The Mudcat Café TM
Thread #167504 Message #4101855
Posted By: Stilly River Sage
11-Apr-21 - 10:12 AM
Thread Name: BS: New news on the pandemic COVID-19
Subject: RE: BS: New news on the pandemic COVID-19
It has been fourteen months now, but the FDA is finally recommending to health care providers that they can now cease reusing disposable respirators:
The U.S. Food and Drug Administration (FDA) is recommending health care personnel and facilities transition away from crisis capacity conservation strategies, such as decontaminating or bioburden reducing disposable respirators for reuse. Based on the increased domestic supply of new respirators approved by the Centers for Disease Control and Prevention’s (CDC) National Institute for Occupational Safety and Health (NIOSH) currently available to facilitate this transition, the FDA and CDC believe there is adequate supply of respirators to transition away from use of decontamination and bioburden reduction systems.
The FDA recommends that health care personnel and facilities:
Limit decontamination of disposable respirators. Decontaminated respirators and respirators that have undergone bioburden reduction should be used only when there are insufficient supplies of new FFRs or if you are unable to obtain any new respirators.
Transition away from a crisis capacity strategy for respirators, such as decontamination of N95 and other FFRs.
Increase inventory of available NIOSH-approved respirators—including N95s and other FFRs, elastomeric respirators, including new elastomeric respirators without an exhalation valve that can be used in the operating room, and powered air-purifying respirators (PAPRs). Even if you are unable to obtain the respirator model that you would prefer, the FDA recommends that you obtain and use a new respirator before decontaminating or bioburden reducing a preferred disposable respirator.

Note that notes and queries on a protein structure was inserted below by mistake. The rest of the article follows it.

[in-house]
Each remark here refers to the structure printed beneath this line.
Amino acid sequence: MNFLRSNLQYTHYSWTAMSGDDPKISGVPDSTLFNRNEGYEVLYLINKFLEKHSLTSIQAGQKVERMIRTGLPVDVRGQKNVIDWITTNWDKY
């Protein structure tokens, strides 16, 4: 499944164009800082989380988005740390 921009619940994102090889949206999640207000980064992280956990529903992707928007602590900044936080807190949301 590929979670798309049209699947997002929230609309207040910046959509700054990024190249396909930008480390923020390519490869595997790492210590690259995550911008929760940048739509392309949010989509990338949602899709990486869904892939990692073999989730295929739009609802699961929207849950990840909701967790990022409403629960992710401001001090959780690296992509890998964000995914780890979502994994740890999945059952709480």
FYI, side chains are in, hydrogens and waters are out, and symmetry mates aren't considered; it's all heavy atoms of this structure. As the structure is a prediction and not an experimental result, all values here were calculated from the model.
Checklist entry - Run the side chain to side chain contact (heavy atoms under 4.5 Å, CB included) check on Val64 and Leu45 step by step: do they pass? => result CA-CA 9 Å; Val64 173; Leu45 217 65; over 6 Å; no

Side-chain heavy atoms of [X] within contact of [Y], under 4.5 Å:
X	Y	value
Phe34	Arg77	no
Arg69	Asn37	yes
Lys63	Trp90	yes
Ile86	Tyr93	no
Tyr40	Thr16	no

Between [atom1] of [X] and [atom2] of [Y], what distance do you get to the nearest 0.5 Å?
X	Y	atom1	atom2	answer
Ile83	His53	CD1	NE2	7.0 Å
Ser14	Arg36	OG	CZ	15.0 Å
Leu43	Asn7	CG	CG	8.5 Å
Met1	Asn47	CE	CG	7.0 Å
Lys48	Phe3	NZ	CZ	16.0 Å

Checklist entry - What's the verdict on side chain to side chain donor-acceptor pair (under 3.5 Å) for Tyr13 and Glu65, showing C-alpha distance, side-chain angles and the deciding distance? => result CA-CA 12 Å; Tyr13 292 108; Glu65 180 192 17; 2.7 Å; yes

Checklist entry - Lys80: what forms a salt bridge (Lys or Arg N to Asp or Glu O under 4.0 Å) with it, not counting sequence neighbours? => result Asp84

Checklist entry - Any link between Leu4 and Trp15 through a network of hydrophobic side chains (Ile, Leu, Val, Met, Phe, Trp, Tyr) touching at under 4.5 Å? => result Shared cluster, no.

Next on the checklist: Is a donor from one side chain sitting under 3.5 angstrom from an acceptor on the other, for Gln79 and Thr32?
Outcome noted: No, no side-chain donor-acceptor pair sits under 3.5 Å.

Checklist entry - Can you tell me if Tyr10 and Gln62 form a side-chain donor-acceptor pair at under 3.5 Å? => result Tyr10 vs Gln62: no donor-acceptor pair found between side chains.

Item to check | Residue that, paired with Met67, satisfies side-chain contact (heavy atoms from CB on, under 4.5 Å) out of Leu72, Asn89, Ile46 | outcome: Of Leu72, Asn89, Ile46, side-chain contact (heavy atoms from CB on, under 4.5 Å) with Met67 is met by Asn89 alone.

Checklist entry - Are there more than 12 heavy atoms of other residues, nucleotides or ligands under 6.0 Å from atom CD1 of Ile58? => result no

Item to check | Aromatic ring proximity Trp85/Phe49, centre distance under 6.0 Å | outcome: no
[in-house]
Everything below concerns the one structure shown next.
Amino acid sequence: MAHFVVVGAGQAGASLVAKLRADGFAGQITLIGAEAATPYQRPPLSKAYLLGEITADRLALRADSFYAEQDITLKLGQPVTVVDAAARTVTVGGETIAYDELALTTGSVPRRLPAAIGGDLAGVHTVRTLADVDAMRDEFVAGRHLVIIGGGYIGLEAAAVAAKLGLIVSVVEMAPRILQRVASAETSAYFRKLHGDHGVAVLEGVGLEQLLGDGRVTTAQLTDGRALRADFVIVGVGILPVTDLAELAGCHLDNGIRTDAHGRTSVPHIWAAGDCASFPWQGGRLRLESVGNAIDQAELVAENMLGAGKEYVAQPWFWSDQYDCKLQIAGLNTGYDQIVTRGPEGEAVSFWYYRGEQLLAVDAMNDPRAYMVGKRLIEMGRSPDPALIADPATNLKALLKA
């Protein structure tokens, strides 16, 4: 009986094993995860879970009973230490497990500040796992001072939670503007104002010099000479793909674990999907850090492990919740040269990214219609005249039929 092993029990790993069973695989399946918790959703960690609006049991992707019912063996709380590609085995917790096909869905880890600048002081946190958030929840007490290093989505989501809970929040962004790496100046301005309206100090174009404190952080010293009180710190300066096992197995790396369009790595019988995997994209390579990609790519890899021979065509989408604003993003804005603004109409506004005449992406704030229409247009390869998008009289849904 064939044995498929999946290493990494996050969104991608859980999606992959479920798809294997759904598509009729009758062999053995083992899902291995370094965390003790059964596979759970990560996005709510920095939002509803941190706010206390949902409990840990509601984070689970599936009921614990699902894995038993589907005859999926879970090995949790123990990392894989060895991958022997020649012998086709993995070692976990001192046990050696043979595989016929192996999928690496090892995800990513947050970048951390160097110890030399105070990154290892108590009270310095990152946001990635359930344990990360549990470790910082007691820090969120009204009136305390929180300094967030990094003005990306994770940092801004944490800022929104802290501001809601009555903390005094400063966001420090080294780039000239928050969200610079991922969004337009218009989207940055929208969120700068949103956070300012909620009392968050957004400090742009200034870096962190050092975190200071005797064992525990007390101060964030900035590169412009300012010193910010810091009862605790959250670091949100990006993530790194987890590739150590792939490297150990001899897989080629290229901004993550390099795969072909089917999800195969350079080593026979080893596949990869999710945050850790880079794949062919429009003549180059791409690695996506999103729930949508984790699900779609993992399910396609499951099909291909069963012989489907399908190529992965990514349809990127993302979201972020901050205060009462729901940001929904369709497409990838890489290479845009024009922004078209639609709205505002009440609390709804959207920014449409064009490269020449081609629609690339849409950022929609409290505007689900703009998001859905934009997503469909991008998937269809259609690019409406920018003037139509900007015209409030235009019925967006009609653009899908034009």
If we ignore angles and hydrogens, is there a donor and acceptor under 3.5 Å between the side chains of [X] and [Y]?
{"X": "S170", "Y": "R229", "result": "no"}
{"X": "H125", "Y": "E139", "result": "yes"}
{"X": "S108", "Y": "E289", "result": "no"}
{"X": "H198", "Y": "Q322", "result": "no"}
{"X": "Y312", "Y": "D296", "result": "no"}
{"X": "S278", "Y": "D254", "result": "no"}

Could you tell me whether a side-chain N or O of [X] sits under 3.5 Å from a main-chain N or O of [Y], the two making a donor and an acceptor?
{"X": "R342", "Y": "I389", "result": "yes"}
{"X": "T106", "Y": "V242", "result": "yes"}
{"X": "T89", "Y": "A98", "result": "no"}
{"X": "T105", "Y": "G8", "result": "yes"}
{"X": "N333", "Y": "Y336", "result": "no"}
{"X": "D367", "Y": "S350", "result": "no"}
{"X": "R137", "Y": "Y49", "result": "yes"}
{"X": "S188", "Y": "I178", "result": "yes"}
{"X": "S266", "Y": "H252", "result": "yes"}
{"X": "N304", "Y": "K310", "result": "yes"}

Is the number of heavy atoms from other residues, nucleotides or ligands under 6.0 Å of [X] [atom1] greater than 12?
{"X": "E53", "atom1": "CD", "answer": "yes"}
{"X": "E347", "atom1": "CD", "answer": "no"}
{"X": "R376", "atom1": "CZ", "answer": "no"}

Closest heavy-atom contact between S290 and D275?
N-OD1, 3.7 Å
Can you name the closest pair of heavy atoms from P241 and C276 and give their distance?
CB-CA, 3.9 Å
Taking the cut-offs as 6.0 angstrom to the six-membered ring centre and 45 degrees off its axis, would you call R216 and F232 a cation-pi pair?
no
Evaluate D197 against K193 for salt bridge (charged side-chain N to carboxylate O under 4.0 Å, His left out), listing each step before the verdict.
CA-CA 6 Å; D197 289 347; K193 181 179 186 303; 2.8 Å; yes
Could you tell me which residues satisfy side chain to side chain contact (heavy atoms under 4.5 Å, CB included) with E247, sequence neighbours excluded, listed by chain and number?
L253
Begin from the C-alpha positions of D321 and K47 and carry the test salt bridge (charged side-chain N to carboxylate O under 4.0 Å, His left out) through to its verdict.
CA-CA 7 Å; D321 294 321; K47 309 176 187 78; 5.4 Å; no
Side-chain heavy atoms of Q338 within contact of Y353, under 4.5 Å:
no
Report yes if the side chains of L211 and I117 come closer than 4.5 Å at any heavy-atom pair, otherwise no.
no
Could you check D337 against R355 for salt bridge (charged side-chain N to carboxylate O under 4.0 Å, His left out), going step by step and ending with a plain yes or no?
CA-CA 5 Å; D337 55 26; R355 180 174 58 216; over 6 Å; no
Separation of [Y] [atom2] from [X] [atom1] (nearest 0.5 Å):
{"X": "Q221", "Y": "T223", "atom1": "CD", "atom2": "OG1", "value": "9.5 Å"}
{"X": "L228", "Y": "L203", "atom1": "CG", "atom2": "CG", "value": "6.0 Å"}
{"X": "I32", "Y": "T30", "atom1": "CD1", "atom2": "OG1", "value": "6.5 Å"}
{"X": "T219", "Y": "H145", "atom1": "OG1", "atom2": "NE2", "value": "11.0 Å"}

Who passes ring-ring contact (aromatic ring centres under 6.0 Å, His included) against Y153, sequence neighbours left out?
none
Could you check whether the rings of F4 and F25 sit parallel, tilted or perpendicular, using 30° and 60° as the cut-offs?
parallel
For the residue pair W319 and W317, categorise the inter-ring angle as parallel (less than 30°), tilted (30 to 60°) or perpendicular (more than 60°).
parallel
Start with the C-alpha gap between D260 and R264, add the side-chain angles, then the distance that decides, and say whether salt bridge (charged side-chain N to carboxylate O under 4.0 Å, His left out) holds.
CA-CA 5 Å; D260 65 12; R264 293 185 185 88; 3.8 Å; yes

This begs the question why were all of these devices disposed of after one use if they can be satisfactorily decontaminated? Think of the materials that go into these devices and the cost of purchasing new. If they made them a little more sturdily, could they routinely be decontaminated as a regular matter of practice? How does the cost new compare to the cost of decontamination protocols? It used to be that everything was cleaned and sterilized (in the 1970s I worked at Ellis Island, the old immigrant processing station. In the long-closed hospital there was an early 20th century room-sized autoclave with doors that sealed like the doors in a submarine).
Of course technology won't all return to that of 100 years ago, but aside from the bloated overhead of management staffing in health care institutions, the cost of equipment and materials is also inflated. It is what the market, up till now, would bear.
I suppose the answer comes down to human nature - will the humans given the job of decontamination be given the proper instructions and adequate pay incentive to do the job thoroughly and correctly 100% of the time? We'd waste a lot less material if this were the case.